Congratulations to Colty and Kierra, our order fulfillment team, on their upcoming wedding! Due to their two week honeymoon, any orders placed after Thursday, November 10th will not be filled until the first week of December. Thanks for your patience and understanding.
NEW EFN INTRODUCTION. This is something really special.
In many parts of North America, black raspberries (or "black caps") are a quintessential taste of summer. People who know of a productive wild patch have been known to keep the location a closely guarded secret, and will stand in it picking berries until their fingers are stained purple. A few cultivars (like 'Bristol' and 'Cumberland') are in limited cultivation, with the fruit typically processed soon after harvesting, often as jam or jelly or a beloved ice cream or yogurt flavor (particularly popular in our Mid-Atlantic region). The fruit don't keep very long, so the berries are rarely found whole at markets.
In just a few locations (one other being a small part of Ohio), random mutation has led to plants producing berries that are not black at all, but a beautiful golden-pink or golden-orange. We were very lucky to have found one such patch in Pittsgrove, New Jersey, near the old Alliance Synagogue. EFN co-founder Nate Kleinman noticed something different about these plants at the same time as he noticed the berries: unlike other black raspberry stems, which are purple, these are just green. But the berries are unmistakably unique at first glance. And the flavor is a revelation: sweet and tart like other black raspberries, but with a distinct hint of wintergreen — yes, the same wintergreen you might find in toothpaste. It is beguilingly different, but quite addictive. Strangely, while the fruit show no hint of purple coloring, upon cooking they take on a pale purple color (and they also lose their wintergreen flavor). We've enjoyed them very much in jam, jelly, pies, and kombucha. The dried leaves also make a delicious, nutritious, and medicinal tea.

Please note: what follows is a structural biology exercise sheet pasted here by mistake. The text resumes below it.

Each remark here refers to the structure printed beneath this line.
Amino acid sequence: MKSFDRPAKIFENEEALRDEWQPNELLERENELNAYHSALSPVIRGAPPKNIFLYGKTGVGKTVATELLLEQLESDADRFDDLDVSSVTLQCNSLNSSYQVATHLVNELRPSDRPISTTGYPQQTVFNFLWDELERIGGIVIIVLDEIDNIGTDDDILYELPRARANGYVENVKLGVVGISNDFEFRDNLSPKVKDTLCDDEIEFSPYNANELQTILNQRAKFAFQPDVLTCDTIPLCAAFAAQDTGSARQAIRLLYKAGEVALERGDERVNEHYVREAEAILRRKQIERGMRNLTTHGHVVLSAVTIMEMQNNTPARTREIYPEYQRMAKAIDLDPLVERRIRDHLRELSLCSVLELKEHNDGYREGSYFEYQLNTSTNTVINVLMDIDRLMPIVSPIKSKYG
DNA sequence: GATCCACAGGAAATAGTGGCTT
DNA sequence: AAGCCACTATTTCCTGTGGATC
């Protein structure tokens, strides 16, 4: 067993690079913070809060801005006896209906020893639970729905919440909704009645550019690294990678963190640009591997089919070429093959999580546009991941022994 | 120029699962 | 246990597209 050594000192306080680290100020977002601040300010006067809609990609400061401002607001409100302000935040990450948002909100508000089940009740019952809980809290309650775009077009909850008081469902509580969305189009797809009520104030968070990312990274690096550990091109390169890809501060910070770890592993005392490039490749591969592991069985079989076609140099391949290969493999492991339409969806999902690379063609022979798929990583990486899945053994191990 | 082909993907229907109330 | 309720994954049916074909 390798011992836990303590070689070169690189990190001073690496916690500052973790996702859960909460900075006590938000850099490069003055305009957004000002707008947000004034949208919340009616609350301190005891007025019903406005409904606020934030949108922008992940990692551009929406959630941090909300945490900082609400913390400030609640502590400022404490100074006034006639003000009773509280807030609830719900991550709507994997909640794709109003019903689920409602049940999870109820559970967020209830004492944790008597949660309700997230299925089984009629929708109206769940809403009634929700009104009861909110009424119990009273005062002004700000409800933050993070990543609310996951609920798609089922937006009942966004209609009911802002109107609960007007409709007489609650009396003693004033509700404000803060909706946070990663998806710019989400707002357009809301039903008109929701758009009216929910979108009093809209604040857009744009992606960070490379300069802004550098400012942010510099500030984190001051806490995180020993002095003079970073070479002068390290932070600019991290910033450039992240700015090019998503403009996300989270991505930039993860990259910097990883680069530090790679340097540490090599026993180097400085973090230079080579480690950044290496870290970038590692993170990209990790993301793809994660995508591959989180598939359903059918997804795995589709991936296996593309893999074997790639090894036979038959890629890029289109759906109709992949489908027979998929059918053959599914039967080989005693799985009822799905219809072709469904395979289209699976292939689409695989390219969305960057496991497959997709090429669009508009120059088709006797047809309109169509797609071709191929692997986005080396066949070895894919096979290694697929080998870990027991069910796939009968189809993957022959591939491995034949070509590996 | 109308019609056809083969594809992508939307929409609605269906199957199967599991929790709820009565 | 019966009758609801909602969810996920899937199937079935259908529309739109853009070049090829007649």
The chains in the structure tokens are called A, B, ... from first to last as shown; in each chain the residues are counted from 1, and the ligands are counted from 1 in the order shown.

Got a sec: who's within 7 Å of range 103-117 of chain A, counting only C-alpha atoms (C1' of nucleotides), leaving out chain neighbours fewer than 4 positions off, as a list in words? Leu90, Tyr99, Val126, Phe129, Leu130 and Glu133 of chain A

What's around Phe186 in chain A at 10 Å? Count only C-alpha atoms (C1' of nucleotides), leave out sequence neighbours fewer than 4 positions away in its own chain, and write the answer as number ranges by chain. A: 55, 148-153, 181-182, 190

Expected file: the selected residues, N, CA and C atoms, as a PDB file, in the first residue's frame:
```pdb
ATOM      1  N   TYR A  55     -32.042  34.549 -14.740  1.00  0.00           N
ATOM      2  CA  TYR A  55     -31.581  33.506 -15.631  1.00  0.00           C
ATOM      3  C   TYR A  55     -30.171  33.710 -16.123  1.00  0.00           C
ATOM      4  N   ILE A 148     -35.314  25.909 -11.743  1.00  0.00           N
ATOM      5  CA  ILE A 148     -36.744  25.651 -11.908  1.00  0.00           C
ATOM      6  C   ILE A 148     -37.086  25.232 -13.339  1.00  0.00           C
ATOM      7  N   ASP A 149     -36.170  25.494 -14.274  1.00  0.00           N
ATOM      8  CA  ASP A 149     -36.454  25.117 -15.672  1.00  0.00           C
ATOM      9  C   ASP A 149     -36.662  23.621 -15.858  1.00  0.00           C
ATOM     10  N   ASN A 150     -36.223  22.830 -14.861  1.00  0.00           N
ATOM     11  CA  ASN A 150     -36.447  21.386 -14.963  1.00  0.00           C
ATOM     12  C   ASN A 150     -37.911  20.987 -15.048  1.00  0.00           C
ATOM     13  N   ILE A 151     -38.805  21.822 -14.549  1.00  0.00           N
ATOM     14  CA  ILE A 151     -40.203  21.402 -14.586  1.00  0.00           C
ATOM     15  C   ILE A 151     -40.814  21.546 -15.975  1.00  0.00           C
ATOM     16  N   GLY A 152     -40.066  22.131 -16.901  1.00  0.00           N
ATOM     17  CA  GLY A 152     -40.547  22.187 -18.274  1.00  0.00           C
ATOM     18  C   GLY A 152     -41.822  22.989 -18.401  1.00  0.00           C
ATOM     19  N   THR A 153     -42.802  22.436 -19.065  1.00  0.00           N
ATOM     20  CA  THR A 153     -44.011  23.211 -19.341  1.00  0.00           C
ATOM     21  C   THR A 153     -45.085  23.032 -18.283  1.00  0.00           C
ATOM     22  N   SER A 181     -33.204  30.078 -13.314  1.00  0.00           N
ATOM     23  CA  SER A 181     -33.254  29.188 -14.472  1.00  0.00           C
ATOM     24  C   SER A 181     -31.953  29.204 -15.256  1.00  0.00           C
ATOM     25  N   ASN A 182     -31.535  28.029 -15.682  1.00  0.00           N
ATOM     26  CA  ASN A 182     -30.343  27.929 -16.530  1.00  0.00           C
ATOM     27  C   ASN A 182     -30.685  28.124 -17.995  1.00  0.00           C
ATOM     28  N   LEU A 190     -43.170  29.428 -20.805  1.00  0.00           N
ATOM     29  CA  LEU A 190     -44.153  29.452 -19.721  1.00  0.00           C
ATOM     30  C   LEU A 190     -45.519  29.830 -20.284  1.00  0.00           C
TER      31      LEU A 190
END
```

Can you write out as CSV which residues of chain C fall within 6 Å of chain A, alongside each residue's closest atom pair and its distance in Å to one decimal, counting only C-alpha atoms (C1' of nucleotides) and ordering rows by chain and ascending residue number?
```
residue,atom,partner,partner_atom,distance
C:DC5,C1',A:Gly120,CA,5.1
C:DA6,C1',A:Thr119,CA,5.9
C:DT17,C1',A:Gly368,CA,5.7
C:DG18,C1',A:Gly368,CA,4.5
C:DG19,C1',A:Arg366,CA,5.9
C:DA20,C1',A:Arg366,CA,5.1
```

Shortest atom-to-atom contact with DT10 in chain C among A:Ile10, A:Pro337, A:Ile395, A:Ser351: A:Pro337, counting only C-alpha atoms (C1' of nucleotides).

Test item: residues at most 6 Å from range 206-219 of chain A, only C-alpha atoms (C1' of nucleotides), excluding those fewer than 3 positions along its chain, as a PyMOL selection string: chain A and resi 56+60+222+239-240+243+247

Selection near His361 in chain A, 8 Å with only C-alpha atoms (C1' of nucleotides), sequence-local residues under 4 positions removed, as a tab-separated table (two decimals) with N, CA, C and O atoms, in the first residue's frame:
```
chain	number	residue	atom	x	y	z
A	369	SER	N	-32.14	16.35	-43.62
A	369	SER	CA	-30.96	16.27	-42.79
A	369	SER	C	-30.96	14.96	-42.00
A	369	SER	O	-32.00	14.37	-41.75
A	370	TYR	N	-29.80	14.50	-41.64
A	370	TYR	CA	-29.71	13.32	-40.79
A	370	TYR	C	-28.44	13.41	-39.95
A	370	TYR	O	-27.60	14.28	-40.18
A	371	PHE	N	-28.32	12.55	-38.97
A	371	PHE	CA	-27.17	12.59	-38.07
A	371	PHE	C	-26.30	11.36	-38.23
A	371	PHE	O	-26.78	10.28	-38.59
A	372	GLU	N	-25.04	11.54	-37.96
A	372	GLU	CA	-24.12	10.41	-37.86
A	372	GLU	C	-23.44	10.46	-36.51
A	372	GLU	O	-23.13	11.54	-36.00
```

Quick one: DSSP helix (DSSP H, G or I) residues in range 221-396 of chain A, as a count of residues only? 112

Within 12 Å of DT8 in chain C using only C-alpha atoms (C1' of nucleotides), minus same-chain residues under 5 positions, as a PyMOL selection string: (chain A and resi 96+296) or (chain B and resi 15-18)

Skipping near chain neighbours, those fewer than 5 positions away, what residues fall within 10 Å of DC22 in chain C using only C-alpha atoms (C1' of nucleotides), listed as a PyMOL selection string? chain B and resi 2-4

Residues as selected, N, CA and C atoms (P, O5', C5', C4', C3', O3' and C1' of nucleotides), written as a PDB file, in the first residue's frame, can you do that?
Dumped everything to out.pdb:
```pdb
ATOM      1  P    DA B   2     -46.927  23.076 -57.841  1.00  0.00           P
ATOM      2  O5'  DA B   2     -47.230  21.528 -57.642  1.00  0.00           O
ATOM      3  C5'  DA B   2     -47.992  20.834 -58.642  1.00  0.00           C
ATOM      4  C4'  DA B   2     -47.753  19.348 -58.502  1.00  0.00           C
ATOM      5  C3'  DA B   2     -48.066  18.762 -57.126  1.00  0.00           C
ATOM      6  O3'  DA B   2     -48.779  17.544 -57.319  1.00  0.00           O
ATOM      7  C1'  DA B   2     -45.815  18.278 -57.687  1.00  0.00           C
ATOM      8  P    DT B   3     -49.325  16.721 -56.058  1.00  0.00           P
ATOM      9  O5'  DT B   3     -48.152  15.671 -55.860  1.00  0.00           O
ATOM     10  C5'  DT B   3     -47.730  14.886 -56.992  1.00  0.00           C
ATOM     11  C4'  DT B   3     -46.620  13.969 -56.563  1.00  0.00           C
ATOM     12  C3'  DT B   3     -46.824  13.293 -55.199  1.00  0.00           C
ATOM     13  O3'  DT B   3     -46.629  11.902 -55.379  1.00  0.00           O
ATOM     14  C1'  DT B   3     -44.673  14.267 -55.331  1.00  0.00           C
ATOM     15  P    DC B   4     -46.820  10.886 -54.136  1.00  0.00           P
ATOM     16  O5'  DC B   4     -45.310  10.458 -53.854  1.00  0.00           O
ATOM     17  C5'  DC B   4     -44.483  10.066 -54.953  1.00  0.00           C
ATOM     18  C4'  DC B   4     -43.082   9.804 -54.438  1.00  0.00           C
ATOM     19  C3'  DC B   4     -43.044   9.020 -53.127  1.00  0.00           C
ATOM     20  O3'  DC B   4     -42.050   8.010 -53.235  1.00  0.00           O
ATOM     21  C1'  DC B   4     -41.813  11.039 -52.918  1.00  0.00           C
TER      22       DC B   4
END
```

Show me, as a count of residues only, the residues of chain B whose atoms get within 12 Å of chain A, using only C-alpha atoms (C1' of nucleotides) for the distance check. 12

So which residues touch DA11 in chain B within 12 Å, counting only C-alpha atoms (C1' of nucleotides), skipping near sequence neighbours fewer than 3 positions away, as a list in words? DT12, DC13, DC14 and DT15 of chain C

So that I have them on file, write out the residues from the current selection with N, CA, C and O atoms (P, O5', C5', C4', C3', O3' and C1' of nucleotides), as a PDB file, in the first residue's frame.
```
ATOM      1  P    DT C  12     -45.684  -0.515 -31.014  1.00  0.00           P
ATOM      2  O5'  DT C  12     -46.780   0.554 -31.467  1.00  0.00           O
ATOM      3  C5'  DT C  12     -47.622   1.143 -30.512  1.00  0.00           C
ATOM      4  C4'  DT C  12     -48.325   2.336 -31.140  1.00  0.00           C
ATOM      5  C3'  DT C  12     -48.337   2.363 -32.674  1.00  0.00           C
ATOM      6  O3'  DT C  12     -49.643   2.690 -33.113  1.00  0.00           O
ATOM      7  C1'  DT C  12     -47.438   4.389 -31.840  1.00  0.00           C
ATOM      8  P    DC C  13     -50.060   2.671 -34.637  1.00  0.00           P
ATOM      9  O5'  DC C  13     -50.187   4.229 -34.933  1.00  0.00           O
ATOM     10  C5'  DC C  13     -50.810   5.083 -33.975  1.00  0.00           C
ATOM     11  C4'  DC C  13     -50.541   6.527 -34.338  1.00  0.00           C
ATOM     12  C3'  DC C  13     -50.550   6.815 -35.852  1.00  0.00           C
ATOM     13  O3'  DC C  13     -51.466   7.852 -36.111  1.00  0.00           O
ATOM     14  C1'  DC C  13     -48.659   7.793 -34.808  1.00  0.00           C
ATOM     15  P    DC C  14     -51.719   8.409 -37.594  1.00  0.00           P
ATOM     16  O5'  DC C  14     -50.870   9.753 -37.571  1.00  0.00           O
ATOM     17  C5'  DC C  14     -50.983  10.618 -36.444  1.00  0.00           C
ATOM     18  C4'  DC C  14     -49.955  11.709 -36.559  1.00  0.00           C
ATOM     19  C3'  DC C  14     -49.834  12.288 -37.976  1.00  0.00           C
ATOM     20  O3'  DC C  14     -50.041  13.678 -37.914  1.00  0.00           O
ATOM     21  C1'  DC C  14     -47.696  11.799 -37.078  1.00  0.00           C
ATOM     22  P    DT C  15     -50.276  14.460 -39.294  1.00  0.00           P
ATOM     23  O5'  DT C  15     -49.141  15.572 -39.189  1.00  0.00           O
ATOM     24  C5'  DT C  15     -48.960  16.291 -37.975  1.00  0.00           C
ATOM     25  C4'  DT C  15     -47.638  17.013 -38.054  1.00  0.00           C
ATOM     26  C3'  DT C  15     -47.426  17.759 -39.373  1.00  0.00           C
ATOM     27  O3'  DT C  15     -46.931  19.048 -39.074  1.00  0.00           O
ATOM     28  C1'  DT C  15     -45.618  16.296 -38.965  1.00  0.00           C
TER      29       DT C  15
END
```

From Nate: "When I first found these golden black raspberries at Alliance, my family and I were still in mourning for my beloved aunt, Margaret Kleinman Rolnick, who had died just a couple weeks earlier. Marg was an avid gardener who inspired and nurtured my love of plants from an early age. Her garden in Highland Park, NJ, was an explosion of color all year, and she delighted in showing me the little secrets tucked into every corner. She introduced me to plants that are now a major part of my life, from mayapples to wisteria. Marg was also a student of Jewish mysticism and proud of our Jewish heritage, so I know she would be honored that I chose to name this new variety of golden black raspberry — found on land in New Jersey farmed by Jews since 1882 — after her. I'm sure she would also tell me that it was no coincidence that I found it when I did."
GROWING TIPS: We have yet to try growing these from seed, so we don't know if they will "grow true," but it is likely that at least some of the offspring of these seeds — or at least the second generation offspring — will produce golden berries as well. Because we haven't germination tested these, we are offering them as botanical samples. Seeds are likely to benefit from 30-60 days cold stratification, followed by planting in a moist medium and being kept moist until sprouting. They might take a few months to sprout, and likely will not fruit until their second year. Please keep us posted if you have success with them, as we're very excited to see how they do!